It is true that two of Orwell’s best essays, “A Hanging” (1931), and “Shooting an Elephant” (1936), draw directly on his time in Burma, doing, as he put it, “the dirty work of empire” . In the former, small incidents – a dog running playfully around the condemned man, the Hindu prisoner stepping carefully aside to avoid a puddle – humanize and particularize the otherwise anonymous mass of brown Orientals who crowd the prisons of the empire. The latter essay, in which Orwell recounts an episode when against his better judgment he found himself forced to shoot an otherwise harmless elephant in “must”, in order not to be mocked by the watching Burmese, contains the famous declaration that “I perceived in this moment that when the white man turns tyrant it is his own freedom that he destroys.”
But it is noted that here, as in most of his writing on empire, it is the effects of empire on the white rulers, not on their black and brown subjects, that most concern Orwell. The colonial subjects remain mostly a vague teeming mass – the Burmese “a sea of yellow faces” in “Shooting” – who are the passive victims of their condition and incapable of understanding it, let alone doing much about it. This view comes out especially strongly in Burmese Days (1934), Orwell’s first novel and the only one that deals systematically with the subject of the colonial empire, specifically through the lens of his Burmese experience (and so a main, perhaps overworked, source for Kerr’s account). There are Indian and Burmese characters in the novel – Dr Veraswami, U Po Kyin, Ma Hla May – but they are cardboard cutout figures who exist only to highlight the English characters who dominate the action. These too are, to an extent, stereotypes – Flory the timber merchant denouncing the British Empire, but nevertheless profiting from it, the narrow-minded husband-seeker Elizabeth Lackersteen, the grotesquely prejudiced and racist members of the whites-only Club in Kyauktada – but they at least think and act, however boorishly and callously. The Indians and Burmese who mostly make up the population feature as a faceless backdrop, their main function being to provoke and drive to fury the white protagonists, as when Ellis lashes out at a group of jeering schoolboys, blinding one and so inciting a riot ( heroically put down by Flory).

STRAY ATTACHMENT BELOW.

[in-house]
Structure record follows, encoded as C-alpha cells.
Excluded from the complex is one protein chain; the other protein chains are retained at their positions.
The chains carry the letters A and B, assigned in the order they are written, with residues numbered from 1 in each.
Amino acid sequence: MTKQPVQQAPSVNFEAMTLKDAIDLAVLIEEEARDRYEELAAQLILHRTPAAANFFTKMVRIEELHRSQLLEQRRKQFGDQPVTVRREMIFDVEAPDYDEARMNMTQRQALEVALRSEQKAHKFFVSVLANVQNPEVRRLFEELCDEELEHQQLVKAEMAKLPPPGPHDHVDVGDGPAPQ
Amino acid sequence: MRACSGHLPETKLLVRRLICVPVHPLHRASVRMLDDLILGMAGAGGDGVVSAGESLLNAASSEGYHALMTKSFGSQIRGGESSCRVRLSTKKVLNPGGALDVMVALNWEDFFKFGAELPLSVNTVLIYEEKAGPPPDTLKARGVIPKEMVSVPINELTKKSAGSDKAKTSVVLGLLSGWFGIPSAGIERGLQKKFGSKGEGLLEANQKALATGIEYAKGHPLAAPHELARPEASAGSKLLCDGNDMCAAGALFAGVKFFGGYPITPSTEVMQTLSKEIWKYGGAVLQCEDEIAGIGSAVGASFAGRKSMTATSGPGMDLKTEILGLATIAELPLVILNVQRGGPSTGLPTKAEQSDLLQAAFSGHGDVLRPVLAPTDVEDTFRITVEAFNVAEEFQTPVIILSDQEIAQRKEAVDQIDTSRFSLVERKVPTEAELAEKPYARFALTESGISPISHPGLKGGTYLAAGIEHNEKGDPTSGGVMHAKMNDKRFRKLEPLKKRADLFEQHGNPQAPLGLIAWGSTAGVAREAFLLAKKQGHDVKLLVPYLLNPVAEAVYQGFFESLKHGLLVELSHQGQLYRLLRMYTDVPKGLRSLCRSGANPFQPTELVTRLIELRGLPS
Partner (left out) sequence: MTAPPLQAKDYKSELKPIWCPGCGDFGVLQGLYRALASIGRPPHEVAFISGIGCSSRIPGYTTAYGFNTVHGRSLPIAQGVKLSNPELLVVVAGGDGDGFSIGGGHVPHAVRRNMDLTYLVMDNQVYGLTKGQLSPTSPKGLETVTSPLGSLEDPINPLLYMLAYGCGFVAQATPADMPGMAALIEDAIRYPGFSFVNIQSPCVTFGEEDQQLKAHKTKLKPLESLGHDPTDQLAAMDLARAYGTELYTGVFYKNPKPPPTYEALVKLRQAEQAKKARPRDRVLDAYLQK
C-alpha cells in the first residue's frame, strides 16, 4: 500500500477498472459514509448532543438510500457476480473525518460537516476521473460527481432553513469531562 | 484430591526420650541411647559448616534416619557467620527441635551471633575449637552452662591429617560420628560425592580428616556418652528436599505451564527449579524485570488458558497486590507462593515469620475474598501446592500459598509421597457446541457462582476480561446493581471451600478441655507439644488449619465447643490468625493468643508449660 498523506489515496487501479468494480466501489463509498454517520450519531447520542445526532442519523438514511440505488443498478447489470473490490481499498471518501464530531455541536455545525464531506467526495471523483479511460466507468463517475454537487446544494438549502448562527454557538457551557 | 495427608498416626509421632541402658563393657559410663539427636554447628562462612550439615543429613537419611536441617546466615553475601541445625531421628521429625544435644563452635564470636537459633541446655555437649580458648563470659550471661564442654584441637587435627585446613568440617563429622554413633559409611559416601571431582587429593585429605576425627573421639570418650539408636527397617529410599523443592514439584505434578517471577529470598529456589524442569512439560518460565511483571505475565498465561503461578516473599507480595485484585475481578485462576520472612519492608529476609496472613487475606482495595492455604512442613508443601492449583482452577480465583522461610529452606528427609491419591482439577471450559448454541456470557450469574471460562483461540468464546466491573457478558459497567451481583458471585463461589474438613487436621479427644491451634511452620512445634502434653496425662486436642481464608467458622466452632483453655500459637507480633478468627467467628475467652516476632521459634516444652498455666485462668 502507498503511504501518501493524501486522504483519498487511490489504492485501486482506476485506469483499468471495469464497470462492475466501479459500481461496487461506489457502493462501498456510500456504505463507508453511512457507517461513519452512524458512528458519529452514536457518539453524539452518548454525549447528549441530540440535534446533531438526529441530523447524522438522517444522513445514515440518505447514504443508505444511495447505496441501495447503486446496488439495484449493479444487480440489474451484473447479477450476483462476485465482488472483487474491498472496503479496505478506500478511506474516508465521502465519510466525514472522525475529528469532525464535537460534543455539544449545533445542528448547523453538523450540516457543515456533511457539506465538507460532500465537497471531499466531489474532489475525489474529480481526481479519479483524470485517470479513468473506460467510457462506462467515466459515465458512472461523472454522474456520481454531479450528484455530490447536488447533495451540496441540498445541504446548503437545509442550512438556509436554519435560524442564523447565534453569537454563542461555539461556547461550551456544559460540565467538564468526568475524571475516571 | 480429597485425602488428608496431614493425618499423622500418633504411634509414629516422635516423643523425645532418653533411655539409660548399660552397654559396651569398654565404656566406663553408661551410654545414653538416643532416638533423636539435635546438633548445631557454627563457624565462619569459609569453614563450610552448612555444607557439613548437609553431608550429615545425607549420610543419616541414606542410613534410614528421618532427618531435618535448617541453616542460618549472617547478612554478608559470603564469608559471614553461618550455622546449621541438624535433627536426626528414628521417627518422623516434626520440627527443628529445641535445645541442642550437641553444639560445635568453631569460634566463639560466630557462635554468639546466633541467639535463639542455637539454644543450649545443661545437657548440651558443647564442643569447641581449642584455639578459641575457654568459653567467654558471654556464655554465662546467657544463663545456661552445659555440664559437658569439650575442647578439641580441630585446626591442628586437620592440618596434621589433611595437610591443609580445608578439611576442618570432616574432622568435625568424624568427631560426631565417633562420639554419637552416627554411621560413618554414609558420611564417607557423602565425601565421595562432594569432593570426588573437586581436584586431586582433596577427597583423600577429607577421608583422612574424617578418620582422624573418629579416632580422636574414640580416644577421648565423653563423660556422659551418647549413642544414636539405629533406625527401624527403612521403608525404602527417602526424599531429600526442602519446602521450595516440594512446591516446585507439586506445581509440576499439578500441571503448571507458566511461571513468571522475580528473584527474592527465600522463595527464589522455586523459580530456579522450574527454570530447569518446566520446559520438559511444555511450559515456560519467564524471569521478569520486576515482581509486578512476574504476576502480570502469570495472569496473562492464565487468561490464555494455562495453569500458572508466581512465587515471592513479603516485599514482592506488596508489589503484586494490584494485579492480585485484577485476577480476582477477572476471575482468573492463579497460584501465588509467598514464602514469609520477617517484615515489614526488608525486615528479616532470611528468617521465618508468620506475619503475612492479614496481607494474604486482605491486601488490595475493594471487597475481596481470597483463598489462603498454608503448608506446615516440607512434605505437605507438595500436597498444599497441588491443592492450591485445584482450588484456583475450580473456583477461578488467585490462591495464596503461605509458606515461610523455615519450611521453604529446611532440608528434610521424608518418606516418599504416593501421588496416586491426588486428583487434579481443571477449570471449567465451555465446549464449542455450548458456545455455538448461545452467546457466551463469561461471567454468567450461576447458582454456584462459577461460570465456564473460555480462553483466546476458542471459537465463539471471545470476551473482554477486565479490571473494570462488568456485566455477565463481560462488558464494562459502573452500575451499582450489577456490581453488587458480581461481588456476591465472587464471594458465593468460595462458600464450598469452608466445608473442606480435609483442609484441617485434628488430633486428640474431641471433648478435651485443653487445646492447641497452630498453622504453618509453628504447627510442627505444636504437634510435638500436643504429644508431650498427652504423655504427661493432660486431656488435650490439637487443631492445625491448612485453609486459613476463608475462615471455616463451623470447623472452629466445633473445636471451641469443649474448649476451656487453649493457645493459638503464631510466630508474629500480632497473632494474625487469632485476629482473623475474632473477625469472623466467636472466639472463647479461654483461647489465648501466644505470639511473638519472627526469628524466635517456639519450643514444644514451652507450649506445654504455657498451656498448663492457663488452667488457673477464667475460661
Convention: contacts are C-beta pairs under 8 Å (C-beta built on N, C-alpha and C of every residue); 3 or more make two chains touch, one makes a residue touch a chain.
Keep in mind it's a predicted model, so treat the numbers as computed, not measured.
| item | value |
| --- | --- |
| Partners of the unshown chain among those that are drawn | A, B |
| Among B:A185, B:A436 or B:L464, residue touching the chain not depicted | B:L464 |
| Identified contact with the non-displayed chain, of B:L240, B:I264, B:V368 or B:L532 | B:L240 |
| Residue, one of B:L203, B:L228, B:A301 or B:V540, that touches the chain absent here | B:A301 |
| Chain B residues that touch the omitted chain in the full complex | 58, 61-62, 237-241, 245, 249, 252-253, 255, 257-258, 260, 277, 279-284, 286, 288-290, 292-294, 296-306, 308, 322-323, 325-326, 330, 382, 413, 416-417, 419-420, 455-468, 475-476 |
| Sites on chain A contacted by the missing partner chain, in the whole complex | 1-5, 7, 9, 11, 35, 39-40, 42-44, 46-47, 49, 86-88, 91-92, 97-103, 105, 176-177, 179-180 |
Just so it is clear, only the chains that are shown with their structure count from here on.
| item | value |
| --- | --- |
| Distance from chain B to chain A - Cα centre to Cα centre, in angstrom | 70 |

“Orwell is not our contemporary”, Kerr insists a number of times, resisting what has become a standard line in the flourishing Orwell industry of today (not least in the face of what is seen as a global threat to democracy and “decency”, Orwell’s favorite virtue). We ought not to judge him, or appeal to him, in any of our contemporary concerns, whether empire, race, or class. Kerr wishes to “historicize” Orwell, to see him as a creature of his time and of his class. He quotes more than once Orwell’s observation that “it is in fact very difficult to escape, culturally, from the class into which you have been born”. Thus we should not be surprised that, as a member of the imperial service class, he had what might seem a patronizing attitude towards Britain’s colonial subjects, and the British working class, much as he tried to sympathize with them. Frequently in fact, as Kerr shows in an illuminating chapter, Orwell compares both groups to animals – patient, long-suffering, deserving care and affection, but fundamentally incapable of thinking and acting for themselves. Orwell had little hope that the working class could achieve their own liberation, any more than that the colonial “natives” would achieve national independence by themselves.